Situated atop a hill in Fairlawn, Virginia, and a one-hour drive from Roanoke, St. Albans Sanatorium is not only one of the five most haunted places in Virginia; it is one of the most haunted places in the eastern United States.
Popular paranormal reality TV shows like Ghost Hunters, Paranormal Encounters, Ghost Asylum, The Haunted Collector, and The Dead Files have all been filmed on location here. And the number of local and regional investigations is too numerous to count. It’s not only haunted by a myriad of departed and troubled souls; its history is haunted by the decades of atrocities committed within the walls of the massive 68,000 square foot structure.
St. Albans Sanatorium: A Brief History
Initially built in 1892 as a boy’s prep school with the intent of turning boys into gentlemen and setting them on a higher education track, St. Albans closed down eight years after the owner’s death from liver cancer.
It was reopened in 1916 as a psychiatric hospital and, at the time, was a shining example of better mental health care during this period, boasting a rooftop garden, bowling alley, and a small farm on the grounds where patients could grow their own food. But, unfortunately, that lofty reputation didn’t last long.
Patients confined to the overcrowded sanatorium suffered inhumane experimental treatments that left some disabled for life. Standard therapies included lobotomies, ice wraps, electroshock therapy, and insulin-induced comas, all performed without anesthesia.
Some patients were left to soak in tubs for days as routine hydrotherapy. In addition, a machine named “Mighty Mouse,” pushed by medical staff through winding hallways like an ice cream cart, provided daily shock therapy to the most vulnerable and psychotic patients. As a result of the cruel treatment, individuals died, and some committed suicide. These therapies, deaths, and suicides are not the stuff of urban legends. They are documented historical facts.
Before its history of tormenting the mentally ill, the land on which St. Albans Sanatorium now rests saw more than its share of bloodshed. Because the land is located near the New River watershed, it attracted both American Indians and Colonial settlers, which resulted in bloody hostilities between the two groups. Culminating in a battle, the Shawnee looted the village, left five dead, decapitated heads, and took hostages as well as scalps.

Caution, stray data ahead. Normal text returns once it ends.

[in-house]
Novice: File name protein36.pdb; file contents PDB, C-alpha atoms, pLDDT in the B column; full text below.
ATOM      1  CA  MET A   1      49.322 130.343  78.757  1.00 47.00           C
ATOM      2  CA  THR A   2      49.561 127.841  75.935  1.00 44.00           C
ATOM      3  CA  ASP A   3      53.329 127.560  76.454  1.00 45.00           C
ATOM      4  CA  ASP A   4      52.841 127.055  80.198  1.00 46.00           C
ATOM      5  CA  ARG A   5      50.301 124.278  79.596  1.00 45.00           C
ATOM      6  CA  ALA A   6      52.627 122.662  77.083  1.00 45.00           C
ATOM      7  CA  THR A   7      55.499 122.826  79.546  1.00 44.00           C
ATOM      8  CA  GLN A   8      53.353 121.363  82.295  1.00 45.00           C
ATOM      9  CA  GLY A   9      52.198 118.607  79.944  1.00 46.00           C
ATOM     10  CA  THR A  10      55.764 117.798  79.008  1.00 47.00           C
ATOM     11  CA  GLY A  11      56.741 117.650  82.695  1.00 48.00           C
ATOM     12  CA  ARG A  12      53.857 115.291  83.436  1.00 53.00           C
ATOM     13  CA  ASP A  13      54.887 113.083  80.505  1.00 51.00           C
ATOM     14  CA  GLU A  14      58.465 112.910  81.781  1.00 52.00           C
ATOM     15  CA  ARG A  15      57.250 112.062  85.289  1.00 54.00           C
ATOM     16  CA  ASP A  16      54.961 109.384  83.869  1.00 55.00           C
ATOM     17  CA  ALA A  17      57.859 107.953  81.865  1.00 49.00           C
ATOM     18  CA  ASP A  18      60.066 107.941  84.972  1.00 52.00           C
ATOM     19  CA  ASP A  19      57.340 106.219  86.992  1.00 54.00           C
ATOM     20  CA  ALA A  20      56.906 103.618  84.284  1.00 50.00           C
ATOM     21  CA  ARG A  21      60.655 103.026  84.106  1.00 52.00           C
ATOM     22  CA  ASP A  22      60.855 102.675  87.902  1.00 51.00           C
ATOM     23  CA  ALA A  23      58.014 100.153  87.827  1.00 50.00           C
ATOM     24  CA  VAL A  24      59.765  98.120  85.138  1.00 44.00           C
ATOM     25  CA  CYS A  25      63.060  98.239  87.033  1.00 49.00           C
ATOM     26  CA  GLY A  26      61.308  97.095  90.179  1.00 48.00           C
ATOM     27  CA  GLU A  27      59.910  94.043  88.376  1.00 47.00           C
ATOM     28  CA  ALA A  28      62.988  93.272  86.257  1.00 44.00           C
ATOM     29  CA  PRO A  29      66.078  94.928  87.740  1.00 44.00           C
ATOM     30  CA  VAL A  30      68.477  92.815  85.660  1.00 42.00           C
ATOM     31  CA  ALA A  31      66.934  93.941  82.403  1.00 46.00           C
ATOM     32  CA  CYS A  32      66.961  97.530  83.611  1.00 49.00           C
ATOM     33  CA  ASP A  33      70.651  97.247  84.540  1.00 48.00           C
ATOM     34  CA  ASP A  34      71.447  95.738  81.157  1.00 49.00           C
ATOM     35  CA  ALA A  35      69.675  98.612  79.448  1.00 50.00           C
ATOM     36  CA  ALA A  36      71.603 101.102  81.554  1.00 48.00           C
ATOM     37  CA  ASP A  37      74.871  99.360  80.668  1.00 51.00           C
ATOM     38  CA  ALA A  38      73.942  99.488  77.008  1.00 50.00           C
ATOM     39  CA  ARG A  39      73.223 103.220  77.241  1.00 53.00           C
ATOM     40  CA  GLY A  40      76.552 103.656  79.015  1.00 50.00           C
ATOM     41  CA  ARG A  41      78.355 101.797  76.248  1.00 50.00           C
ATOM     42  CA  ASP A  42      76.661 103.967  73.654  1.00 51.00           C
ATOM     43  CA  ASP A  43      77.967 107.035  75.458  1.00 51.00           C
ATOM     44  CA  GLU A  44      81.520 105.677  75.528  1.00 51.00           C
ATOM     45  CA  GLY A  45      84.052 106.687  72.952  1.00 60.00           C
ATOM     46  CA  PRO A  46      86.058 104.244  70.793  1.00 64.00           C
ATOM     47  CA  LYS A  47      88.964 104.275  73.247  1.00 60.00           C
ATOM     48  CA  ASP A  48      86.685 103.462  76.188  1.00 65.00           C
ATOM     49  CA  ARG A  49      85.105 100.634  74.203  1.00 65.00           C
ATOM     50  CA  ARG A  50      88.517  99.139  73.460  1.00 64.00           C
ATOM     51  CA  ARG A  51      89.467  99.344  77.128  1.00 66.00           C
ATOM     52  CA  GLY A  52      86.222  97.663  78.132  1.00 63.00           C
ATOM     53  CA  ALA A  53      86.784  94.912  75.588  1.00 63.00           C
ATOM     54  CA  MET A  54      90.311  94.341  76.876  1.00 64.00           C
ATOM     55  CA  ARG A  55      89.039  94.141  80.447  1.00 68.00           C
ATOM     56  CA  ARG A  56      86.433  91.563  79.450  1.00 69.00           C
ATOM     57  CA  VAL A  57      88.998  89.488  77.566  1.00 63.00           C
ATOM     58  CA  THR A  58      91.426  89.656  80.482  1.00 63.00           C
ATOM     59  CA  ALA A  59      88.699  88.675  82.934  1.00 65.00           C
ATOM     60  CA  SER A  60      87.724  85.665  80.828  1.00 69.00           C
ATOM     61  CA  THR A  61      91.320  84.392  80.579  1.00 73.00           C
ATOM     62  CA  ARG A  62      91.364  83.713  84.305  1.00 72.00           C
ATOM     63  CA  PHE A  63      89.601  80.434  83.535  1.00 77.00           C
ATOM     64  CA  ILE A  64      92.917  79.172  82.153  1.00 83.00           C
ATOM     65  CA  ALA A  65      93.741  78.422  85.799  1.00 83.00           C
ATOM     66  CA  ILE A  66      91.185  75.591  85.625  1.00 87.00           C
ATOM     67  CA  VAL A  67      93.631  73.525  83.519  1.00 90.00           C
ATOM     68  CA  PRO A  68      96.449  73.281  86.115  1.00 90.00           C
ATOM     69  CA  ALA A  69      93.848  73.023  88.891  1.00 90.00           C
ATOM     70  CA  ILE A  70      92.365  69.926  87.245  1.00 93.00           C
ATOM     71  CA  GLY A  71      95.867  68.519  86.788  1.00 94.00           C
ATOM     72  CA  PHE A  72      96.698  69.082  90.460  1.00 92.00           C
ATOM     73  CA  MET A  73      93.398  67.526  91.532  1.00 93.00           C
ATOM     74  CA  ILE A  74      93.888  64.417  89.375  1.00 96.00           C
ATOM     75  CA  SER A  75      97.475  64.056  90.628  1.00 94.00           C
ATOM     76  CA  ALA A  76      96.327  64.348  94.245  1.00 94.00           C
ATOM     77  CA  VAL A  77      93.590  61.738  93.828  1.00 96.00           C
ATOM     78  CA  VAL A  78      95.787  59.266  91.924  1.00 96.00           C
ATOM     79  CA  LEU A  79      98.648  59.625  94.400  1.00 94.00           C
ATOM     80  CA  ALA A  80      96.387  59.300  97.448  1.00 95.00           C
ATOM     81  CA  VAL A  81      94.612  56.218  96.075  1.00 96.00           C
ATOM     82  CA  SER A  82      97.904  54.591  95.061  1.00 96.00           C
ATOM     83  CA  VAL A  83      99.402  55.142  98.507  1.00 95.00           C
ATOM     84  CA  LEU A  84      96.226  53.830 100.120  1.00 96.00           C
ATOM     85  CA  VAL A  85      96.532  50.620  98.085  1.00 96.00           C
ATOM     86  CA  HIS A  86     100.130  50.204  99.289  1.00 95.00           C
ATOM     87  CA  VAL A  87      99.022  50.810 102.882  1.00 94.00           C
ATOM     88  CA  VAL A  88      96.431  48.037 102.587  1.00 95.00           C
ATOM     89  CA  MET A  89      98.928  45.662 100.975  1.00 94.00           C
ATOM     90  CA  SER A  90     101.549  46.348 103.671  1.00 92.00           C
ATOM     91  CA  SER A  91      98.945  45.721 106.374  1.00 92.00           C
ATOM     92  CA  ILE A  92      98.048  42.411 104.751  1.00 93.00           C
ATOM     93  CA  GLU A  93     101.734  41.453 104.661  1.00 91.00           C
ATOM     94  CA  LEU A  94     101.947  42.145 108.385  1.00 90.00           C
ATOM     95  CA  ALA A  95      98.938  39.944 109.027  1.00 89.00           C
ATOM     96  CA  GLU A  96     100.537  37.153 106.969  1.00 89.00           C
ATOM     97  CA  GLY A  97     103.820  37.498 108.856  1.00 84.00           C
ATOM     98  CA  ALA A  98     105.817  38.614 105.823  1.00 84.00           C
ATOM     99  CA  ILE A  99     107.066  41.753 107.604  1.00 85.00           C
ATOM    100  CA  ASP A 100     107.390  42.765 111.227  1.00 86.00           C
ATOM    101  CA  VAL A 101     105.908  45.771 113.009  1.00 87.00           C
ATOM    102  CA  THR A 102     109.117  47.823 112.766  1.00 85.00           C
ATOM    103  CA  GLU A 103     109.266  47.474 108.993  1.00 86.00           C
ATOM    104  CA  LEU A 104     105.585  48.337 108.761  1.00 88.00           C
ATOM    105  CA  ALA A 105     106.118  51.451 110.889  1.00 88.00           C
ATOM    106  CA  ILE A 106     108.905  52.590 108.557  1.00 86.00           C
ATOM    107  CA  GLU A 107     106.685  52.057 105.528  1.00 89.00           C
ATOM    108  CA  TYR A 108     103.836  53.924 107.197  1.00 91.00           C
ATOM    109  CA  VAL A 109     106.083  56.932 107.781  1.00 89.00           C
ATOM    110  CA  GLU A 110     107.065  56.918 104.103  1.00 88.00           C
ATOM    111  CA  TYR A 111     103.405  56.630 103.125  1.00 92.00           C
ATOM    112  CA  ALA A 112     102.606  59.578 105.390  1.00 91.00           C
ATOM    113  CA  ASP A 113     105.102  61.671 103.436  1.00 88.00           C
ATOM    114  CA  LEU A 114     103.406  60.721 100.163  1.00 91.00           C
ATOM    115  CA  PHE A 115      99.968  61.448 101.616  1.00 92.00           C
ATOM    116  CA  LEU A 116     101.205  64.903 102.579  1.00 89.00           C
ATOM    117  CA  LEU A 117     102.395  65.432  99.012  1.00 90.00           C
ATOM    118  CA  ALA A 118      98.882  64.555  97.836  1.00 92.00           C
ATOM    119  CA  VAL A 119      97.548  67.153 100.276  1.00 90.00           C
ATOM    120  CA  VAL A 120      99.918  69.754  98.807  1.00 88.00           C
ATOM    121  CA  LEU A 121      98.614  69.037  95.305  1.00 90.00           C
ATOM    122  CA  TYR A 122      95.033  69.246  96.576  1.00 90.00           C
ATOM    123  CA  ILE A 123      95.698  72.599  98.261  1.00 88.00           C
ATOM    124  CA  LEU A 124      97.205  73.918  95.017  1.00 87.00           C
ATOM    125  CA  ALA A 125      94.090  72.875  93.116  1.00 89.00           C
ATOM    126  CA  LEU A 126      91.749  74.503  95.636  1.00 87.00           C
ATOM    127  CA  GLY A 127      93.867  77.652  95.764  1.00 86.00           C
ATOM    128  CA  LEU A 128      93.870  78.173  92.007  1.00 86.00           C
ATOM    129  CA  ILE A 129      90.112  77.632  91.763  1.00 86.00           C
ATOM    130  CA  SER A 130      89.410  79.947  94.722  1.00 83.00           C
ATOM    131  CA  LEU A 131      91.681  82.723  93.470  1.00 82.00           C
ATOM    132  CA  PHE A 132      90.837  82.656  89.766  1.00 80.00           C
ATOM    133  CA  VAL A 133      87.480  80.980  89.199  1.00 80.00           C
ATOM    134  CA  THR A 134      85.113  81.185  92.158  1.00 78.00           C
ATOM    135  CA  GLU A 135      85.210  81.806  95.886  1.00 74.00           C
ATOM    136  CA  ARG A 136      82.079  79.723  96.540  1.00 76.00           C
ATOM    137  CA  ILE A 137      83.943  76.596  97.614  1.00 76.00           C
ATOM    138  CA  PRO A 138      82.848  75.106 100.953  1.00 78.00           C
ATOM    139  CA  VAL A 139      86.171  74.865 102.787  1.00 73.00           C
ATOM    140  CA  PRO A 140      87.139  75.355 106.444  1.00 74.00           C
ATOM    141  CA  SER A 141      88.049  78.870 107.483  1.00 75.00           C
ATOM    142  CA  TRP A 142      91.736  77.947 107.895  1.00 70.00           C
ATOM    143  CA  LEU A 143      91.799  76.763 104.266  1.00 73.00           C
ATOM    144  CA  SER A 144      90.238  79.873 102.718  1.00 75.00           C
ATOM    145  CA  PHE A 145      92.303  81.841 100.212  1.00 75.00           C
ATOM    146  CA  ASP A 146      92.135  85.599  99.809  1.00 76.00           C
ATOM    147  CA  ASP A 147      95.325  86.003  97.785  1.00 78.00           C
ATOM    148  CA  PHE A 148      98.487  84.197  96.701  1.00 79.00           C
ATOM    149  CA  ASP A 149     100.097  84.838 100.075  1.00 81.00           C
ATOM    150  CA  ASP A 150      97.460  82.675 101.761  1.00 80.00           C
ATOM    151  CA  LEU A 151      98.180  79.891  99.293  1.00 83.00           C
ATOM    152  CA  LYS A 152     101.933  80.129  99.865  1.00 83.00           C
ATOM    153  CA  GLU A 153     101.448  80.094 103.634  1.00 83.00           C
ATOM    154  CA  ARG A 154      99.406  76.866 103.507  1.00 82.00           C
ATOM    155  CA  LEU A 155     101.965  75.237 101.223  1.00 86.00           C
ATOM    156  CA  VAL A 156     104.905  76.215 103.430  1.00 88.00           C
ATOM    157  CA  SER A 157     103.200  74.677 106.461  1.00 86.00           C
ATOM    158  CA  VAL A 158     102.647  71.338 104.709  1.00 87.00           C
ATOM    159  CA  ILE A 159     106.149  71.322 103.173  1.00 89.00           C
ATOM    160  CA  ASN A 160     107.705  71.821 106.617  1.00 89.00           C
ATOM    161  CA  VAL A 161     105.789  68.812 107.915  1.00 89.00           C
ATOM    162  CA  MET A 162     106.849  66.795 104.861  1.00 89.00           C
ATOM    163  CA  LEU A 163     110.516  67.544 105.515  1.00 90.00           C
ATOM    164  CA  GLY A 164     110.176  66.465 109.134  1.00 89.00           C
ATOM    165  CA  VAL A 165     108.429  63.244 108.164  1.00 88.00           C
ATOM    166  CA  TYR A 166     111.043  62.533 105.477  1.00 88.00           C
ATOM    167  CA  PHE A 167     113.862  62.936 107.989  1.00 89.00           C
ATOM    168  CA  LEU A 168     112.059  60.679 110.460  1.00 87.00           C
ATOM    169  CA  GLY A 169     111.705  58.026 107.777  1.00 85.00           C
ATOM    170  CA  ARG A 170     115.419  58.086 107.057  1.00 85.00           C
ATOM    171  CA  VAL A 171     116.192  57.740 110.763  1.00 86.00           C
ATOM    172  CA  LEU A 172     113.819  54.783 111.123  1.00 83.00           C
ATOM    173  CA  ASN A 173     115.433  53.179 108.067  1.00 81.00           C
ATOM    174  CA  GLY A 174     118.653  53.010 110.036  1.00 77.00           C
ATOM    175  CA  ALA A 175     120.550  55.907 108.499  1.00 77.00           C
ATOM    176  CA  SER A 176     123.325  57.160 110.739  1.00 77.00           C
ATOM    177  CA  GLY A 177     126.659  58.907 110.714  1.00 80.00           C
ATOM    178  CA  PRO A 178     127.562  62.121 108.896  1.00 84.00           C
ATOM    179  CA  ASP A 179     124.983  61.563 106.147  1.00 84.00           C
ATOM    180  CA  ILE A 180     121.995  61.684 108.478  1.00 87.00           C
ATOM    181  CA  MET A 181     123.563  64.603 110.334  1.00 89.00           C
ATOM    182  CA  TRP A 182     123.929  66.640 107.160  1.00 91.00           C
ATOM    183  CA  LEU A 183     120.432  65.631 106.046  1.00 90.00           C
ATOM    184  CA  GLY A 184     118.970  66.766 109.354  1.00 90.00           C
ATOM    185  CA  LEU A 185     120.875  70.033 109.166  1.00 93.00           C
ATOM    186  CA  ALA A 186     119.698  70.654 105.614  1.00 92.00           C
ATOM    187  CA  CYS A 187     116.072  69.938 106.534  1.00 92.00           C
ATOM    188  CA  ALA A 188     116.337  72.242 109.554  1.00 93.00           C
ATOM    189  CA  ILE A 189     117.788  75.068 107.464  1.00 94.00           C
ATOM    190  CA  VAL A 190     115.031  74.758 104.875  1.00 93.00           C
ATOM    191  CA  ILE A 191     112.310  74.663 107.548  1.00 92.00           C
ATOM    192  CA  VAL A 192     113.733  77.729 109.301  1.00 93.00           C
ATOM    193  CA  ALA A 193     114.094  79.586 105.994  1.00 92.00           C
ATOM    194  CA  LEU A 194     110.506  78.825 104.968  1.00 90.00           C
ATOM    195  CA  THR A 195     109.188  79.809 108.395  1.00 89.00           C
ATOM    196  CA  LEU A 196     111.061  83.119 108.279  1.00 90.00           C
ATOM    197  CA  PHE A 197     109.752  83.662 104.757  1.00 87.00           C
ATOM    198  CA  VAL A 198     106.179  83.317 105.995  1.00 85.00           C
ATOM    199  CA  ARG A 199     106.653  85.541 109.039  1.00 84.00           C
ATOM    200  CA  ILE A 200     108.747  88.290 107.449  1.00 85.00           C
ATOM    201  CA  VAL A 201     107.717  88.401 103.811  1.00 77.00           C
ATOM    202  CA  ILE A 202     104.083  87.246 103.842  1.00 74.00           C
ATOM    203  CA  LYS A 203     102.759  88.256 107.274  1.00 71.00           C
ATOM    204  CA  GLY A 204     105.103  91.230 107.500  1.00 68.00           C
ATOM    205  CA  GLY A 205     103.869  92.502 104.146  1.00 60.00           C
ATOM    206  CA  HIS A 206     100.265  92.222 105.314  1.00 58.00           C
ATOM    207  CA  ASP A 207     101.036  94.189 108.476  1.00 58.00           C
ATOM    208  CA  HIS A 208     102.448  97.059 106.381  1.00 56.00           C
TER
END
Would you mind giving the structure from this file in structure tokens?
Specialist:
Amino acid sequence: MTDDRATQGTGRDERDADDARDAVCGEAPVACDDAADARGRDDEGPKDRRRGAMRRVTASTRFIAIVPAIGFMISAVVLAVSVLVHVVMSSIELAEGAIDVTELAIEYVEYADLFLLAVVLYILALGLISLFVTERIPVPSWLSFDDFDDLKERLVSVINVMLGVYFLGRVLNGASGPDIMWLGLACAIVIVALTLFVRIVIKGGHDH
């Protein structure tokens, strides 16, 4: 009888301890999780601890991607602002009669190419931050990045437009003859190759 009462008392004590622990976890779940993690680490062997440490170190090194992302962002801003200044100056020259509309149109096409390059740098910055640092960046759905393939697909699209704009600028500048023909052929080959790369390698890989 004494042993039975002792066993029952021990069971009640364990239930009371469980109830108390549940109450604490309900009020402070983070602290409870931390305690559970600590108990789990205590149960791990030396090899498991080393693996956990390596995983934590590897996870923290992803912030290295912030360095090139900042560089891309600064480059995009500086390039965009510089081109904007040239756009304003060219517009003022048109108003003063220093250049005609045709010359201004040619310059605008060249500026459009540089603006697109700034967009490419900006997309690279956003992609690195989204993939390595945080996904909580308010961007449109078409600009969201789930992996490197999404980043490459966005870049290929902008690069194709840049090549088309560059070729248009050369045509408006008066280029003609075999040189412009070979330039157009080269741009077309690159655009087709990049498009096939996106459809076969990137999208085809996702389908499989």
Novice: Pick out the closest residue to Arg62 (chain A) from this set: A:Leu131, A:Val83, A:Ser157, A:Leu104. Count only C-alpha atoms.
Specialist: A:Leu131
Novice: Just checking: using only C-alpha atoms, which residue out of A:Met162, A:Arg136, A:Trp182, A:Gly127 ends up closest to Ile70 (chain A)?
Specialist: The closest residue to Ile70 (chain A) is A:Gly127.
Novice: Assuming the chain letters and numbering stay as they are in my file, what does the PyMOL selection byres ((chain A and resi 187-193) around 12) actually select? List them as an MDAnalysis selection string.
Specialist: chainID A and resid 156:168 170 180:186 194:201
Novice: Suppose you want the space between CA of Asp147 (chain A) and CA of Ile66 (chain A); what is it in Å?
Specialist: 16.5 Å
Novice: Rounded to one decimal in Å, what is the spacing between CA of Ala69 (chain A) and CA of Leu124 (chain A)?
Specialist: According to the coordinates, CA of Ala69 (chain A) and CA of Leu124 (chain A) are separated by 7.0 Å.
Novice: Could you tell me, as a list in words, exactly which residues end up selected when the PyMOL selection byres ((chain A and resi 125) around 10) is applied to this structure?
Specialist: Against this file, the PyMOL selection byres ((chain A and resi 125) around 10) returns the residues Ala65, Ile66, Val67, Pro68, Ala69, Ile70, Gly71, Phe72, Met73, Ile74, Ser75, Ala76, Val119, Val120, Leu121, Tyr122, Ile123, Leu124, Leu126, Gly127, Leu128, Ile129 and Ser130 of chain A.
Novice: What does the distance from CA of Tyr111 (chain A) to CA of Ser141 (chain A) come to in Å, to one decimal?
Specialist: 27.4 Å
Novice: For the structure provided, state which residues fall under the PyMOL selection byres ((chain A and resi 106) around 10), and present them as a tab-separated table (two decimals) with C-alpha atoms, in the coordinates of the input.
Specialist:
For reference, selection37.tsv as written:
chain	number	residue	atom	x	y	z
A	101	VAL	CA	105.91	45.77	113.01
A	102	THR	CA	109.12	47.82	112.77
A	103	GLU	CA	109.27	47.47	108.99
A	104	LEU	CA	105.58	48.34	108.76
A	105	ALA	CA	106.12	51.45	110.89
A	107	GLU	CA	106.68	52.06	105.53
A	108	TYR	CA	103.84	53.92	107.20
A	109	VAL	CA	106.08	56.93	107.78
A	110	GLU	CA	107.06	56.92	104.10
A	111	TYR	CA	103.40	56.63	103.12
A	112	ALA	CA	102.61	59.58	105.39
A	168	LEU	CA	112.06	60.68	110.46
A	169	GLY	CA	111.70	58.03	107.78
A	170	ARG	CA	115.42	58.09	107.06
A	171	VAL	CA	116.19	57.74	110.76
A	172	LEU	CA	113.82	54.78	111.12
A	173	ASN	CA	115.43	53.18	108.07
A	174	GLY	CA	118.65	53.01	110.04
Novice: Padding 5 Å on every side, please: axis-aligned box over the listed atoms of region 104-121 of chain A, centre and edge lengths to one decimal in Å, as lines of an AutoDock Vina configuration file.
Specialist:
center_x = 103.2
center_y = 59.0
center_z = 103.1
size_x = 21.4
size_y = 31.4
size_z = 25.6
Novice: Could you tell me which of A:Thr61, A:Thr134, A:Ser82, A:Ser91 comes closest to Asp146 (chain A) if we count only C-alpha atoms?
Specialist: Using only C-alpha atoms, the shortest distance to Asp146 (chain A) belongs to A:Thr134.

One of the Civil War’s most violent battles was also fought here: the Battle of Cloyd’s Mountain. This conflict was the largest Civil War battle in southeastern Virginia. Union Artillery, perched upon the hill on which St. Albans now sits, bombarded the Confederate soldiers and won the battle but at the cost of 1200 lives.
It’s easy to see how both the bloody history of the land and the unrelenting misery of the sanatorium combine to create an energetic maelstrom of paranormal activity and why St. Albans Sanatorium is considered one of the five most haunted places in Virginia.
Observed and Documented Phenomena
Phenomena experienced at St. Albans Sanatorium by visitors, owners, volunteers, and paranormal investigators include:
- Full-body apparitions
- Scratches on the face, arms, back, and stomach
- Physical assault
- Screams, laughter, crying
- Rapidly fluctuating temperatures
- Paranormal manipulation of light sources such as flashlights and periscopes
- Feelings of physical illness
- Shadow people
- Inappropriate touching of females
- Spirit jumping